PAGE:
January 28th, 2014

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Call it the 'Loretta-tennial(+1)!' this Thursday

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Some of you may recall the initial blogathon hosted by "Carole & Co.", coinciding with the 103rd anniversary of Carole Lombard's birth in October 2011, so we called it the "Carole-tennial(+3)!" We're borrowing the "-tennial" part of that term to alert you to an upcoming salute to another Hollywood legend, set for this Thursday. It's the Loretta Young Centennial Birthday Tribute.

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What we're calling the "Loretta-tennial(+1)!" (she was born Jan. 6, 1913) will be at 8 p.m. at the Alex Theater in Glendale. Her son Christopher Lewis (his wife, Linda Lewis, is a Facebook friend of mine) and celebrity and industry friends will take the audience on a journey through the life of the Academy and Emmy Award-winning actress.

Loretta Young's work and contributions to the entertainment industry has become more appreciated in recent years, though thankfully she saw the beginnings of the pre-Code revival -- which brought many of her early films to the forefront -- before her passing in August 2000. One of filmdom's most ethereal actresses, Young already was a movie veteran and noted star by the time her teen years had ended. Here's an autographed picture of Loretta, all of 17, outside the Vine Street Brown Derby in 1930:

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Young remained a solid box office draw for the rest of the 1930s and into the '40s, and was rewarded with a best actress Academy Award in 1947 for "The Farmer's Daughter." By this time, she had developed plenty of business savvy, and with the rise of television in the early '50s, she transitioned to the new medium with the drama anthology "The Loretta Young Show"; her grand entrances gave the series glamour, though the wardrobe in the roles she played could range from the everyday to the exotic, such as in a 1957 episode where she portrayed Egyptian legend Nefertiti (below). She won an Emmy for her efforts.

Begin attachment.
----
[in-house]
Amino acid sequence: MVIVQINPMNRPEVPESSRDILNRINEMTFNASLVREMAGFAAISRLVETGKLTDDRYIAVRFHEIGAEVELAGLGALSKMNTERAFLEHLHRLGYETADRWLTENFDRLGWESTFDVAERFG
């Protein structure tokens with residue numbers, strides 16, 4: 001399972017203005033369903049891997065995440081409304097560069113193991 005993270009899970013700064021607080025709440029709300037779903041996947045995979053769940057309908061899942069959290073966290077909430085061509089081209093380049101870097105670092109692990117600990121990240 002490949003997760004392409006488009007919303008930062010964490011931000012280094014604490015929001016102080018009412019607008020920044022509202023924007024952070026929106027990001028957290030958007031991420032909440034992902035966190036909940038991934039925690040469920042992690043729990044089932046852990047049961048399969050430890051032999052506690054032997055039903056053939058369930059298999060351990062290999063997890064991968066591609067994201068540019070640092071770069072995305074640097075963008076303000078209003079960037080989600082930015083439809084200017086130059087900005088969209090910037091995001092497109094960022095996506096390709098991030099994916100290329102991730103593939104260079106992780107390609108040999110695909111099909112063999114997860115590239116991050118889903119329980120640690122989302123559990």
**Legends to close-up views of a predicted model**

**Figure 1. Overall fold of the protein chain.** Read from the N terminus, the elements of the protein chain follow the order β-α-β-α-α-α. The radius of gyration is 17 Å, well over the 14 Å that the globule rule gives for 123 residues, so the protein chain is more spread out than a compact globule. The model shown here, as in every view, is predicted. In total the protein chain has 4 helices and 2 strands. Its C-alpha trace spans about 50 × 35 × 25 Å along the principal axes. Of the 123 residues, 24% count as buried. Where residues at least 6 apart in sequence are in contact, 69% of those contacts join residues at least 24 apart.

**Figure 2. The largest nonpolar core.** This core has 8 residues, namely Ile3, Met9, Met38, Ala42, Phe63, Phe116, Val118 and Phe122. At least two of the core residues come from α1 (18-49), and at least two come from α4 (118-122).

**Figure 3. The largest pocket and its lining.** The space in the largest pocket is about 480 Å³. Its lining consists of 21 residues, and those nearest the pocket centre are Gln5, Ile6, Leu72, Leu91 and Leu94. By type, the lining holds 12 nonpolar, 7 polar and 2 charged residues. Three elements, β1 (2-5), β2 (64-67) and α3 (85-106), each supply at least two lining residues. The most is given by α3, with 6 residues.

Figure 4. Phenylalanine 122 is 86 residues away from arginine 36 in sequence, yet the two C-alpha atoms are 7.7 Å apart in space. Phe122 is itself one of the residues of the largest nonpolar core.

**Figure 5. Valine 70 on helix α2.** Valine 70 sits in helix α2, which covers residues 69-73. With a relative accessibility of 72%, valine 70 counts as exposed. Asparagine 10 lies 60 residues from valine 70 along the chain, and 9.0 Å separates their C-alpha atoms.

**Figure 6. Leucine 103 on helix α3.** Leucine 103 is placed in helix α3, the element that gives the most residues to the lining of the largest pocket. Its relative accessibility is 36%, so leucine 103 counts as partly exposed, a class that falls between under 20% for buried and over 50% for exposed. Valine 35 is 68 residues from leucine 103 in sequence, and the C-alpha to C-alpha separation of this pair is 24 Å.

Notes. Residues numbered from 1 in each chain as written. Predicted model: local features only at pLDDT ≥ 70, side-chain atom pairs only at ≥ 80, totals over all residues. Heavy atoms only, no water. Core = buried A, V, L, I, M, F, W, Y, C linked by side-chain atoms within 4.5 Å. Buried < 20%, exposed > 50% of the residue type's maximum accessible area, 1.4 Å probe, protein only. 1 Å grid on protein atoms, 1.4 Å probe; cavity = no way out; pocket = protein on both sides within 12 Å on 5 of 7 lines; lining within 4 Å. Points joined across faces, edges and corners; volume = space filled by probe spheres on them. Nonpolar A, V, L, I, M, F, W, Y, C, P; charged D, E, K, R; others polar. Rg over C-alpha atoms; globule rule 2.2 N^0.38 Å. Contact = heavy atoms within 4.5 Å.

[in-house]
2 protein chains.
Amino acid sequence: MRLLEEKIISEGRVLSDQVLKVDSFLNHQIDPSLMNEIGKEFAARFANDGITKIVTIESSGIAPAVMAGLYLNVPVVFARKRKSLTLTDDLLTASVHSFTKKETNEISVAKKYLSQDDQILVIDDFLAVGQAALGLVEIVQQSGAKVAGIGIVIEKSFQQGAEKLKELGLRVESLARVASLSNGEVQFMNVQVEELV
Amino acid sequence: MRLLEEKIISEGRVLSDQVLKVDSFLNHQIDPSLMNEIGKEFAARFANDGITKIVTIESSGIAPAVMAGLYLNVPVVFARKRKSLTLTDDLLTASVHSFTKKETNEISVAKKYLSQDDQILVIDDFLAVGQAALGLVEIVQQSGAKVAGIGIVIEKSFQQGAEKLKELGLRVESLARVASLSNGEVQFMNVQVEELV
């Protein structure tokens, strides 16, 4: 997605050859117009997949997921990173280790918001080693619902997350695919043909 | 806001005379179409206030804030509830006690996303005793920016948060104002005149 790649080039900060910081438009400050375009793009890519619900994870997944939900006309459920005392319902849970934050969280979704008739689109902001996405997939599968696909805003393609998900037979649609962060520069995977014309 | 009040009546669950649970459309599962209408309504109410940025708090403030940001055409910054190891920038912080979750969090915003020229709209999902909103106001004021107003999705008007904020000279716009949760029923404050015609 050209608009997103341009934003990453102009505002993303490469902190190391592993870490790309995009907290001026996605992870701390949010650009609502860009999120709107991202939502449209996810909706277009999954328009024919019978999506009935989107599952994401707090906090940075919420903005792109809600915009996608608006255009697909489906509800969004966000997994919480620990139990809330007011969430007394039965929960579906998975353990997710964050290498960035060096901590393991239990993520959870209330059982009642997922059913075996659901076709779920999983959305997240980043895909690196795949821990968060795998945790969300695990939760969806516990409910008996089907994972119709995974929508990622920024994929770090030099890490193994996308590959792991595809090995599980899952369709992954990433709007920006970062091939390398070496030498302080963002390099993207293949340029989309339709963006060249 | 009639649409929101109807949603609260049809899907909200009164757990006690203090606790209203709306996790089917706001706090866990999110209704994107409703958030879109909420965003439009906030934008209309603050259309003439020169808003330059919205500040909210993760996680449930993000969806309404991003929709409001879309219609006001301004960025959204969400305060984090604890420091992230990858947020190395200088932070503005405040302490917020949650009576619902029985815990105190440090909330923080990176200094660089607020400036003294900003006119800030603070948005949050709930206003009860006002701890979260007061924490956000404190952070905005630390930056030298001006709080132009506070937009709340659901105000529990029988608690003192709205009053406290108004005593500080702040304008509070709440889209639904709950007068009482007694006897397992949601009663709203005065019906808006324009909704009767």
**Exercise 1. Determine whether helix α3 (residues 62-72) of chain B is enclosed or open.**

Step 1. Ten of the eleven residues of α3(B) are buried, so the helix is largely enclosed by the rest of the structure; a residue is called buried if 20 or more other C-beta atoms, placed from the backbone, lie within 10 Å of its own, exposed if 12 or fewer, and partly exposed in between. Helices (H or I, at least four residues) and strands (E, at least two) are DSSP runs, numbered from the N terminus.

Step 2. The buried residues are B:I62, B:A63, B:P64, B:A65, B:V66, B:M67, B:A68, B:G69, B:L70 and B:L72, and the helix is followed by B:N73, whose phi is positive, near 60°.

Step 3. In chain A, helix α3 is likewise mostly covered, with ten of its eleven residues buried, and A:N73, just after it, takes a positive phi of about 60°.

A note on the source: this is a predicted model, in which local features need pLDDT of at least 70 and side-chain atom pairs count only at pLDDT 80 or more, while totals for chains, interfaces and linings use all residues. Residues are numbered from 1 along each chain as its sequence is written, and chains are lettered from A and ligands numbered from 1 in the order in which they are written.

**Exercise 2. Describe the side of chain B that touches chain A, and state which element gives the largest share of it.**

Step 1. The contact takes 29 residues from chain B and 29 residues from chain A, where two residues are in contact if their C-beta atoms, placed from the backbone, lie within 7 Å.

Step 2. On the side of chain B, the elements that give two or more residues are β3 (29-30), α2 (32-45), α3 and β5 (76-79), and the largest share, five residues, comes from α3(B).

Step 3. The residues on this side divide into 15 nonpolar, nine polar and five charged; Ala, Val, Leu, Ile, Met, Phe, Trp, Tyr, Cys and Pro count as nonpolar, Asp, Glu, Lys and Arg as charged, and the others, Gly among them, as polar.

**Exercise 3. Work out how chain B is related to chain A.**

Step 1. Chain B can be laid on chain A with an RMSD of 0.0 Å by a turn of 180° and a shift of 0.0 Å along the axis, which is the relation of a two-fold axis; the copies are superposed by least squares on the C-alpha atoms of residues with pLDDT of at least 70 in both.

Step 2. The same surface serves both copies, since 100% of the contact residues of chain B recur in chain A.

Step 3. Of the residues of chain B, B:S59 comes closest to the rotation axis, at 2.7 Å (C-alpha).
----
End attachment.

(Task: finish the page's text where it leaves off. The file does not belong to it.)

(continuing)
loretta young 1957a nefertiti

The Glendale event also will feature movie clips, conversations, testimonies and dramatizations of pivotal events in her life, such as when 14-year-old Gretchen Young (second from left, below) got a small part in the 1927 Colleen Moore comedy "Her Wild Oat"...not to mention a new first name:

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Also on display will be an exclusive exhibit of Loretta's famous dresses and cherished possessions. From the start, she was considered one of filmdom's best-dressed stars, as witnessed from this display in the March 1932 issue of The New Movie Magazine:

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She continued to be stylish into her later years, as this photo makes evident:

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Tickets are $35 and $55, and can be ordered at http://www.eventsinus.com/alex-theatre-glendale/prospect-house-entertainment-glendale-arts-present-loretta-young-centennial-birthday-tribute-tickets-30-jan.html. I hope many of you who are in the area will attend, and that you'll have a wonderful time at the "Loretta-tennial(+1)!"
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